Gaywood notes that in the viewing angle diagram below, a, is called the angle subtended by the inter-pixel spacing, s. Whether or not a pixel can be discerned is based on the size of this angle. The size of the angle changes as you move a screen closer or further from your eye. One arcminute, or an angle of 1/60th of a degree, is considered the resolution limit of a typical human retina.
Next, Gaywood took the average viewing distances and resolutions of various Apple devices and calculated how close the subtended viewing angle was to one arcminute.
The iPhone 4 screen at a typical distance of 11" is just barely above the threshold for a Retina display. I believe this justifies my methodology. Secondly, it repeats my previous conclusion that a pixel-doubled iPad running at 2048x1536 is easily enough definition to count as a Retina display -- even at a 16" viewing distance, which is on the close side from my experimentation with an iPad and a tape measure. Similarly, that Asus tablet is a Retina display too.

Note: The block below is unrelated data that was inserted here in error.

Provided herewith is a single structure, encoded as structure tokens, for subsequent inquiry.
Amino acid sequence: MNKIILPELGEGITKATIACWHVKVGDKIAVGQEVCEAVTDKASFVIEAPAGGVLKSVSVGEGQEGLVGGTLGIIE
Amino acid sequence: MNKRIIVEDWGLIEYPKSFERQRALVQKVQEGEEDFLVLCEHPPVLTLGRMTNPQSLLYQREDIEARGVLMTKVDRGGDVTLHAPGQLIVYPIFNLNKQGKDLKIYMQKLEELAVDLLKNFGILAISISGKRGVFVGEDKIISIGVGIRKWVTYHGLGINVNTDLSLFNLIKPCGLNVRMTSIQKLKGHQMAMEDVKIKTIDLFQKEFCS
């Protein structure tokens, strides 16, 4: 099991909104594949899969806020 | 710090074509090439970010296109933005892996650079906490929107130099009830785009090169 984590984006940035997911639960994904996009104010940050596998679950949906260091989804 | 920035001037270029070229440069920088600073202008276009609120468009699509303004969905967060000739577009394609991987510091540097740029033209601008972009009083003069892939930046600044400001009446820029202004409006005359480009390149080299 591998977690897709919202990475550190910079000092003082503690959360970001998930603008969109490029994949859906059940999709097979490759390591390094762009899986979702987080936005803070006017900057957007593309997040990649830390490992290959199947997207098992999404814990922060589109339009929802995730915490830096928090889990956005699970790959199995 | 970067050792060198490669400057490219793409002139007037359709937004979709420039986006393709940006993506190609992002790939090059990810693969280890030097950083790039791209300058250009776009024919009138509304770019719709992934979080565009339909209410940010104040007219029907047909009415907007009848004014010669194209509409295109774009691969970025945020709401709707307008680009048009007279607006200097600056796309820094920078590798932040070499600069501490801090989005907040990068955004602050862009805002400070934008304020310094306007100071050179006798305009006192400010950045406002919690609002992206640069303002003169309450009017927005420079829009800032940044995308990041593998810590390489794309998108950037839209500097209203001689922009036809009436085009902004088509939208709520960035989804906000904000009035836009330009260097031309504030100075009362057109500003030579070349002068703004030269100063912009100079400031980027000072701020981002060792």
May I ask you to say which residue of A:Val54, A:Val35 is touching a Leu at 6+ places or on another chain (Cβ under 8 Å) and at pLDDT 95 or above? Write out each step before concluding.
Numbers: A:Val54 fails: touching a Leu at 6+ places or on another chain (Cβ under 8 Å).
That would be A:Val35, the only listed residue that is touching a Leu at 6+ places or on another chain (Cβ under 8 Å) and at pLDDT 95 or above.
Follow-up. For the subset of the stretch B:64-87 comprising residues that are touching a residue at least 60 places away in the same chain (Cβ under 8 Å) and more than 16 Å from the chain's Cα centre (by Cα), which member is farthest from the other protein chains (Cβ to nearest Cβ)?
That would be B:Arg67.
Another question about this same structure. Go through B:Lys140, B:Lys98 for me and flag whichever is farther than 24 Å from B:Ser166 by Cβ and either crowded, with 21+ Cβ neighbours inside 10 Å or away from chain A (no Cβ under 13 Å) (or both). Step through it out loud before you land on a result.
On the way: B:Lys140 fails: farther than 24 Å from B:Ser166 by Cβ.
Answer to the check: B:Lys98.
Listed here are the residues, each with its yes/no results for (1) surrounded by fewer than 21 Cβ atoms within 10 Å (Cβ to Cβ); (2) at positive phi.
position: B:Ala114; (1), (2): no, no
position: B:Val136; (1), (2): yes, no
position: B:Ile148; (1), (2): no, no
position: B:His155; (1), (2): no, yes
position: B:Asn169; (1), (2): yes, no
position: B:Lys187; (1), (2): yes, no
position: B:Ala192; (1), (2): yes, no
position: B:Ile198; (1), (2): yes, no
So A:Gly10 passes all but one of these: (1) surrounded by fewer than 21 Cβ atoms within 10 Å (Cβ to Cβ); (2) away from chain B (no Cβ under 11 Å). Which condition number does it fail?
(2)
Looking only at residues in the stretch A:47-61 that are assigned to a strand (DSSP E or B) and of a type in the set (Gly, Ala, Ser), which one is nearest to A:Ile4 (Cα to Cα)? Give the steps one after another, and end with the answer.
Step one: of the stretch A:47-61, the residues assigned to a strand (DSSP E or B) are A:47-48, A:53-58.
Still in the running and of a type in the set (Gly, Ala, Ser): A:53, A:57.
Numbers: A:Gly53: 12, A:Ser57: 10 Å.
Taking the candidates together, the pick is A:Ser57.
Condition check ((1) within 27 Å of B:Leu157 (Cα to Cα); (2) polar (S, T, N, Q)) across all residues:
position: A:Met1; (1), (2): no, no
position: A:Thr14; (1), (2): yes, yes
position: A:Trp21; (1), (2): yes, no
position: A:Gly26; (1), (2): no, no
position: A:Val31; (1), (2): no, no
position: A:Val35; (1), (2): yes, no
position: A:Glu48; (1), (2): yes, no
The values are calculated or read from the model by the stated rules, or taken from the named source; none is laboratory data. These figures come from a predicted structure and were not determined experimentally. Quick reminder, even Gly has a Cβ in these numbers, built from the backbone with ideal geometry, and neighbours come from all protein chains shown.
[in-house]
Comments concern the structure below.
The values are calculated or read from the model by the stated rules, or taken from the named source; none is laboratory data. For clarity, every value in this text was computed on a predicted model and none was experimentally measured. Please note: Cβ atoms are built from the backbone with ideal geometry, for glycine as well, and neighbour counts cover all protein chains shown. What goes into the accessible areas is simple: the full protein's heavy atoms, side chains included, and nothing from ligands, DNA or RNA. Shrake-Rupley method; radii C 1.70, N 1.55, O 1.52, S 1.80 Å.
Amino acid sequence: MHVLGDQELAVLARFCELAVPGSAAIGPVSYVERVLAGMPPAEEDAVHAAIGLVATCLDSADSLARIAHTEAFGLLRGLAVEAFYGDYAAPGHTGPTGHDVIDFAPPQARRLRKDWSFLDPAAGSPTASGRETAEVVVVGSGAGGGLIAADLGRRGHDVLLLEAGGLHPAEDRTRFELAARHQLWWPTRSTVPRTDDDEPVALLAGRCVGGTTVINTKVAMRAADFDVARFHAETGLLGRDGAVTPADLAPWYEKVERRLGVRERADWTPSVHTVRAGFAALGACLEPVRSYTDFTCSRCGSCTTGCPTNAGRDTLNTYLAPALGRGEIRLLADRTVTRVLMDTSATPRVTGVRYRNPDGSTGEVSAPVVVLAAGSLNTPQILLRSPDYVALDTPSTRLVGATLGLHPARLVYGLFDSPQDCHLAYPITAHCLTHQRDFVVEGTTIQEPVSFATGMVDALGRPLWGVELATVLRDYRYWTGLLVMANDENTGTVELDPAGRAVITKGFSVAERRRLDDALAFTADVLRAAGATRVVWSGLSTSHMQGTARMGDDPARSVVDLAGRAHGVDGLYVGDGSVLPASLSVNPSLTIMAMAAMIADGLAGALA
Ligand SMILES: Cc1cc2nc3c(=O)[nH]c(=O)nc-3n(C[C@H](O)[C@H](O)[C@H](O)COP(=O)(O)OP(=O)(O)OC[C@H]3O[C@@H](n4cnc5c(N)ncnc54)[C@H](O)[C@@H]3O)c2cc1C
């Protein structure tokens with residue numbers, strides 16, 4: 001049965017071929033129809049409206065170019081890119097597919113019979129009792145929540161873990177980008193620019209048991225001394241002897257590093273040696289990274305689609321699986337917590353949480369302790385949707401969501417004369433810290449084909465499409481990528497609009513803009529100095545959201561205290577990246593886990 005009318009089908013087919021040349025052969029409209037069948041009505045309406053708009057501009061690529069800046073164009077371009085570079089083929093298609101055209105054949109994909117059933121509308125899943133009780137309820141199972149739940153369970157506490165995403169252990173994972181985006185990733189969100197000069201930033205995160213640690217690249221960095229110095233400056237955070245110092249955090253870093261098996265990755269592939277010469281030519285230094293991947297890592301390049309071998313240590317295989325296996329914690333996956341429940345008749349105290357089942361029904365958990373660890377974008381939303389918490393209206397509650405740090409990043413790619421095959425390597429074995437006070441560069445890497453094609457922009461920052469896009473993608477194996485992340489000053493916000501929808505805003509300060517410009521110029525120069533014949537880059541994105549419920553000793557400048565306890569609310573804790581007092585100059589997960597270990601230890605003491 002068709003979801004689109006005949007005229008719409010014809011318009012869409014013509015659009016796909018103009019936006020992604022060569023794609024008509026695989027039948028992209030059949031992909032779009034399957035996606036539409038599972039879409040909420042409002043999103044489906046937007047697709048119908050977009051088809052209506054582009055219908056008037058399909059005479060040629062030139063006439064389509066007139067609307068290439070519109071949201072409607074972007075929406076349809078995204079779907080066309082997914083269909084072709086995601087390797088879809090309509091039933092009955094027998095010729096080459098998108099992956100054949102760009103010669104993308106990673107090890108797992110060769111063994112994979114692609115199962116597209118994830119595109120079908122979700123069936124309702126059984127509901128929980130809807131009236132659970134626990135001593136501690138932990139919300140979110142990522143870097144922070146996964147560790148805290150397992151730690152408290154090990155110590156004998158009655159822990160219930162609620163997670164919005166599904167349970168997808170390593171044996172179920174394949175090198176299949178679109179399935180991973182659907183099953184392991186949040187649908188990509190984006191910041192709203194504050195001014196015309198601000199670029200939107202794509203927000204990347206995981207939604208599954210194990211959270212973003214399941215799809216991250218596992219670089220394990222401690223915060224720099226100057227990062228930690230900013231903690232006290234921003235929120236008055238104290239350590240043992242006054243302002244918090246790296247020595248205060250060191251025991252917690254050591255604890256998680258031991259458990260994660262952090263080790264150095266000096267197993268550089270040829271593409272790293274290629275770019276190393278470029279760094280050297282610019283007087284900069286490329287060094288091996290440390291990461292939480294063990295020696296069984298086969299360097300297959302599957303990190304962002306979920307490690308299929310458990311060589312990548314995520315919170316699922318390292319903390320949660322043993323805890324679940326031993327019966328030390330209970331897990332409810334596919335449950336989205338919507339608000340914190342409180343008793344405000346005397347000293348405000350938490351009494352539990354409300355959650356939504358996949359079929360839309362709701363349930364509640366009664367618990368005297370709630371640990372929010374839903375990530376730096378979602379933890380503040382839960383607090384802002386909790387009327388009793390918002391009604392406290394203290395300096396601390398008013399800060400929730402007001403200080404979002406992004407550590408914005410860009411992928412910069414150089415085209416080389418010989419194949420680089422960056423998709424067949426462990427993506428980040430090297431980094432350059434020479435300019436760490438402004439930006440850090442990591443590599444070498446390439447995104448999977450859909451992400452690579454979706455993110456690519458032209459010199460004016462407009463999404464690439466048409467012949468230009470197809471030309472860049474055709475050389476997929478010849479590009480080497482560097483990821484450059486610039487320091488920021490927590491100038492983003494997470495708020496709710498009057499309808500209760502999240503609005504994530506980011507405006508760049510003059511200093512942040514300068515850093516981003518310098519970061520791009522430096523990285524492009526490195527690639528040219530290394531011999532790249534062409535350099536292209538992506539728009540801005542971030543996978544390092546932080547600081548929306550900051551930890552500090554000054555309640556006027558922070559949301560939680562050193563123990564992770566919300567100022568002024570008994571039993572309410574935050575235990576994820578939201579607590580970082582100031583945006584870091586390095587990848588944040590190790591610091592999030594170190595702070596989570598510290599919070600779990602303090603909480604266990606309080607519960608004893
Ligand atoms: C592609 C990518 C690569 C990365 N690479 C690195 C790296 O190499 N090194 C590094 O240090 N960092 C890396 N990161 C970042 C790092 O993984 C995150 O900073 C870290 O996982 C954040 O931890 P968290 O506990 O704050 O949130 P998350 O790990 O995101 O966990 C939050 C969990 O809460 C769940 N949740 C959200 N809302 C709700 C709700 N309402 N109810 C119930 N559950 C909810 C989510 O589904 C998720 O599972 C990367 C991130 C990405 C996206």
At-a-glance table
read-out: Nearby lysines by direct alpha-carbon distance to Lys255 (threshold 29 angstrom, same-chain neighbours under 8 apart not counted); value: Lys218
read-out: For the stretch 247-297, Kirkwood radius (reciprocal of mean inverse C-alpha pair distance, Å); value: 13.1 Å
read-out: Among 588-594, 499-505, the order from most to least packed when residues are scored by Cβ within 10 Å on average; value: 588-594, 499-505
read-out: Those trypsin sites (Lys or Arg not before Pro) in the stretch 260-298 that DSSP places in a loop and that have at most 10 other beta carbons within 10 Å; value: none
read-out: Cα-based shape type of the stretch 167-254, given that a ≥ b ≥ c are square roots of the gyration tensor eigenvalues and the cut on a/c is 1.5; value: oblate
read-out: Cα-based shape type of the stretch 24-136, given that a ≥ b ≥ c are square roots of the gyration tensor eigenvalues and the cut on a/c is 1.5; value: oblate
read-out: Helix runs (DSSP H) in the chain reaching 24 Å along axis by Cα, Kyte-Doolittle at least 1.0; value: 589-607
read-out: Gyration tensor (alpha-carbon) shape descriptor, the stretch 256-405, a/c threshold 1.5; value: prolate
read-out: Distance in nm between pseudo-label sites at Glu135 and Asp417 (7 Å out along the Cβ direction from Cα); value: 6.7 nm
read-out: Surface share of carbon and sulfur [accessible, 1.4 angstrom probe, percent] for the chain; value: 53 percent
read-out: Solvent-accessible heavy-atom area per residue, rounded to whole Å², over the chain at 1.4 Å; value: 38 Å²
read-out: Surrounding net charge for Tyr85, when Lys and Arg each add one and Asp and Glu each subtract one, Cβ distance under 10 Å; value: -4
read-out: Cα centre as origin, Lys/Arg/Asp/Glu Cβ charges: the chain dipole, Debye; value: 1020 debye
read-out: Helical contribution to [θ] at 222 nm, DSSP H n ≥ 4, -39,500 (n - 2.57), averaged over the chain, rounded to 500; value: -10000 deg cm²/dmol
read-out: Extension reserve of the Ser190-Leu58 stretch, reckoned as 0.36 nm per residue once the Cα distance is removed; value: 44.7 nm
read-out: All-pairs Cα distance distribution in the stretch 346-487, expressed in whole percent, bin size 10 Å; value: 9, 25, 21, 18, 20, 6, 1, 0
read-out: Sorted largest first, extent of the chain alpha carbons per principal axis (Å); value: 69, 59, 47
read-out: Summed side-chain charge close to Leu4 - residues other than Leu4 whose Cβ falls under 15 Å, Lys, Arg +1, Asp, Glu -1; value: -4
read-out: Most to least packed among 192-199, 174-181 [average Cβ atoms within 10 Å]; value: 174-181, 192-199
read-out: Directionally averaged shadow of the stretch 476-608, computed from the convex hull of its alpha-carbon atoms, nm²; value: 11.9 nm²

It also shows that many current Mac displays are a lot closer to Retina display levels than you might have thought. The 27" iMac at a distance of 28", a 17" MacBook Pro at 26", an 11" MacBook Air at 22" -- these screens all have pixels small enough to border on invisible.
Hit the link below for a much more detailed explanation of these calculations.